For decades, inspectors from the California Department of Toxic Substances Control dutifully recorded a long list of environmental infractions at the Vernon battery recycling facility now owned by Exide Technologies.
They described fluid gushing from a wastewater treatment system 10 years ago. They saw battery acid flowing into a manhole, lead waste stored in open containers and enormous cracks in flooring meant to contain hazardous chemical spills. Year after year, state inspectors documented illegal activity during annual walk-throughs at the 15-acre plant about five miles southeast of downtown L.A.
Yet, it wasn't until Wednesday that the Georgia-based company faced serious consequences. Under a deal with the U.S. attorney's office, Exide admitted to nearly two decades of illegal activity and agreed to permanently close, demolish and clean up the facility — and remove lead from surrounding homes — to avoid prosecution.
A Los Angeles Times review of two decades of enforcement records shows the state Department of Toxic Substances Control knew for years that Exide was violating environmental laws by spewing contaminants into the air, soil and water but only recently began taking steps to stop it.
• The department levied only seven fines on Exide and the plant's previous operators over 20 years, despite logging dozens of serious infractions, often for the same recurring offenses.
Since 1996, state inspectors have documented violations every year at the battery recycling plant in Vernon. Exide Technologies and its predecessor, GNB, have paid slightly more than $1 million in fines during that period. Click on a row to view the inspection reports for that year. View all reports here.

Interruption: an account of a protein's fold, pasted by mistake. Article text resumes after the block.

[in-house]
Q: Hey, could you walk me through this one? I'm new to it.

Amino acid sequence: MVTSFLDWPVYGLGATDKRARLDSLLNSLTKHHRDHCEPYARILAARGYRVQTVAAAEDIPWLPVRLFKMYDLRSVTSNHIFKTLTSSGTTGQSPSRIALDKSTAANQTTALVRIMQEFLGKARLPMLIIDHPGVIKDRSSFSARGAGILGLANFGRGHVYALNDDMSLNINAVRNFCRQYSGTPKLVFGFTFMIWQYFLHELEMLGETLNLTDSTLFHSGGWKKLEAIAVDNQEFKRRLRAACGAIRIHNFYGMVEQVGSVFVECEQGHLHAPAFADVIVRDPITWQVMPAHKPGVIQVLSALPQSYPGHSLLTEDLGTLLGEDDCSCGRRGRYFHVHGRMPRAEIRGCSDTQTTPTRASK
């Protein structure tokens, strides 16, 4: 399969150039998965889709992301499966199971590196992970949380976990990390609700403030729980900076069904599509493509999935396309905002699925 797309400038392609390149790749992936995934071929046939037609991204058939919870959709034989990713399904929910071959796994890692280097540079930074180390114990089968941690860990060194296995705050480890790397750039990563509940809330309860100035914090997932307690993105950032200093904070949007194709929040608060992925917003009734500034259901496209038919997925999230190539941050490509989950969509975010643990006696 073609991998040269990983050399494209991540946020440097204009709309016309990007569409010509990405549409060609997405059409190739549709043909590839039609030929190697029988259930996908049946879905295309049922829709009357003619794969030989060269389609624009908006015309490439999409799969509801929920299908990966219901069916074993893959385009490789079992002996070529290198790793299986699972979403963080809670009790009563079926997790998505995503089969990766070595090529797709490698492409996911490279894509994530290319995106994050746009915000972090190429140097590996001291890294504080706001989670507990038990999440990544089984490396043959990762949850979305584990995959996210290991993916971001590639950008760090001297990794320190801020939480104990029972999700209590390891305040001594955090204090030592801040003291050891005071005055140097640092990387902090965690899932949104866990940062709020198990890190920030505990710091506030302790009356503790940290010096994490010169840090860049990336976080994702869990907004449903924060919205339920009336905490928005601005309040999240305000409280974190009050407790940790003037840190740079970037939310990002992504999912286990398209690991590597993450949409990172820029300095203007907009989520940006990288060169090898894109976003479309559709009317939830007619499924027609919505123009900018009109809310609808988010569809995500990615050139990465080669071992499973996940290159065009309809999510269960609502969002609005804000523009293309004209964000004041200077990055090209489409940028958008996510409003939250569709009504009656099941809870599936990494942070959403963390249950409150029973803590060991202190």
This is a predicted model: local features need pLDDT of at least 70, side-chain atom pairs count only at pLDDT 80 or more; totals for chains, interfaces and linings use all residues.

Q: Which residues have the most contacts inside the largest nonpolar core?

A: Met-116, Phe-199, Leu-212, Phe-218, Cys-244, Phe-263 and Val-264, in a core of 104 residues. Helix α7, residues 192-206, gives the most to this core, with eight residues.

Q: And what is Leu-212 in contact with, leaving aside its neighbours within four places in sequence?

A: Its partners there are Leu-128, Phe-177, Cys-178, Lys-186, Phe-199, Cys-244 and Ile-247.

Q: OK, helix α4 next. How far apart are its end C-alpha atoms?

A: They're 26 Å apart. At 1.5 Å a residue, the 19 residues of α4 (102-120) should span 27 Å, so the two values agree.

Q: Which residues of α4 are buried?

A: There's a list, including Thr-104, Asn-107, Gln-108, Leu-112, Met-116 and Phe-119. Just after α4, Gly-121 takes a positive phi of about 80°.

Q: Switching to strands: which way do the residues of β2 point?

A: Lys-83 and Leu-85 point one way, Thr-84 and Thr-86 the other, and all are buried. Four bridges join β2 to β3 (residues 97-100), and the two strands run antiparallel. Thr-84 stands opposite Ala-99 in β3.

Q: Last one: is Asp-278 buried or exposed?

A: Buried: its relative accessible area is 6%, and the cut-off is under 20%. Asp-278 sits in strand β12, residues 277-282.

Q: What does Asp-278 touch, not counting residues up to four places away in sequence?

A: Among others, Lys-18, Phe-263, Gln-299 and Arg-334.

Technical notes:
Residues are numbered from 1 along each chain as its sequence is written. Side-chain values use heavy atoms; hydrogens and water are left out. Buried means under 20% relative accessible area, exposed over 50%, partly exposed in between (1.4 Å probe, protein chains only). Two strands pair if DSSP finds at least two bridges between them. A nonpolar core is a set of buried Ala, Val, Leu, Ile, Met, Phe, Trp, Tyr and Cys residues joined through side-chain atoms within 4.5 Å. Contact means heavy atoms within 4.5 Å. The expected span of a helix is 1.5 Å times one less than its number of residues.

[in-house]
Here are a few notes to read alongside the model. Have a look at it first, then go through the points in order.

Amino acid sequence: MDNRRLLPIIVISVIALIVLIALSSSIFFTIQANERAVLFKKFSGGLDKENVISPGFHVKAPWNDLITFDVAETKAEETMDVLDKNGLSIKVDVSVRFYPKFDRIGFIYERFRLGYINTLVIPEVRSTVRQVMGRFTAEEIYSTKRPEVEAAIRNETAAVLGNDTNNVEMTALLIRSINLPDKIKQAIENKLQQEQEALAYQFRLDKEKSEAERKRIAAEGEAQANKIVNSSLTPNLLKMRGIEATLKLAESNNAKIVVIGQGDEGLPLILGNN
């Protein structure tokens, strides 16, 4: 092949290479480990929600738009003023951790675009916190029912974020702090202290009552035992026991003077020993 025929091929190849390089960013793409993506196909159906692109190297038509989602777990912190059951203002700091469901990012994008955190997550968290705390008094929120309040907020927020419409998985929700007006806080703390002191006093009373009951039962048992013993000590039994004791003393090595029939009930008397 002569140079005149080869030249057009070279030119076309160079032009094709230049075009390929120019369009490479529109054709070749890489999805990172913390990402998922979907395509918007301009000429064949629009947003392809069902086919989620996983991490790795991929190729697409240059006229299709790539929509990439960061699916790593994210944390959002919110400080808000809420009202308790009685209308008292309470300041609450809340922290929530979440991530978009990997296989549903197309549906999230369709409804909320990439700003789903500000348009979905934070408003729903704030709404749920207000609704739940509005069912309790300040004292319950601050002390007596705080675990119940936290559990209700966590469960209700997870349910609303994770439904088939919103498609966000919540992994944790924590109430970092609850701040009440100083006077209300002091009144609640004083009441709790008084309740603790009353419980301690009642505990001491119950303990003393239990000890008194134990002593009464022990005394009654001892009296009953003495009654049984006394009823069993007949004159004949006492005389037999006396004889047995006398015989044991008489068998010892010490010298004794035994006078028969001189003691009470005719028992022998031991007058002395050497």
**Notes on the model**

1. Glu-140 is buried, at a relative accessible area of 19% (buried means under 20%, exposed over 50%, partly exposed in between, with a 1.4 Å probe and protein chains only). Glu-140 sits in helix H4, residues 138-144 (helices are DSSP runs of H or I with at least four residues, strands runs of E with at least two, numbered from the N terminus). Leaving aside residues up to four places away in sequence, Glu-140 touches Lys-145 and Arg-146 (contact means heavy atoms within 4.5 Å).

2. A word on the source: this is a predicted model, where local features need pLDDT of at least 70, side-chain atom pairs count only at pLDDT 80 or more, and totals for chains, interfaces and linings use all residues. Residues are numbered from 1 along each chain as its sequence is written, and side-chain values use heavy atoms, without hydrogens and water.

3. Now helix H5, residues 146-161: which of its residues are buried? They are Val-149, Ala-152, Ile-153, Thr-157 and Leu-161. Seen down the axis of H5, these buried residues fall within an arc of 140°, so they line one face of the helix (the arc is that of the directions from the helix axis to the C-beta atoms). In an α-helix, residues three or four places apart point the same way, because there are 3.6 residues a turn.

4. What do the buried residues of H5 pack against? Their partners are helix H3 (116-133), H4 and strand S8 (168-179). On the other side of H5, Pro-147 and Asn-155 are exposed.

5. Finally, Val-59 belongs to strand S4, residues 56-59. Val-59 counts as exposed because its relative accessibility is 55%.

• Over more than 15 years, Exide paid $869,000 in penalties. Most were assessed in the last two years after public outcry over revelations that the facility's arsenic emissions posed an increased cancer risk to 110,000 residents.
• The department only used its strongest enforcement tools after outrage over air pollution boiled over in 2013. It did not refer the violations at Exide for criminal prosecution until federal officials began investigating last year. Instead, regulators relied on negotiated orders and settlement agreements that company documents refer to as "consensual resolutions."
The federal investigation that led to Exide's closure relied on evidence provided by the DTSC that spanned decades, and for 33 years the agency allowed the facility to operate with only a temporary permit.
That history has led critics to raise questions about why it wasn't shut down sooner, whether the state toxics department is adequately overseeing other hazardous-waste operations and whether it is up to the task of ensuring Exide cleans up its mess.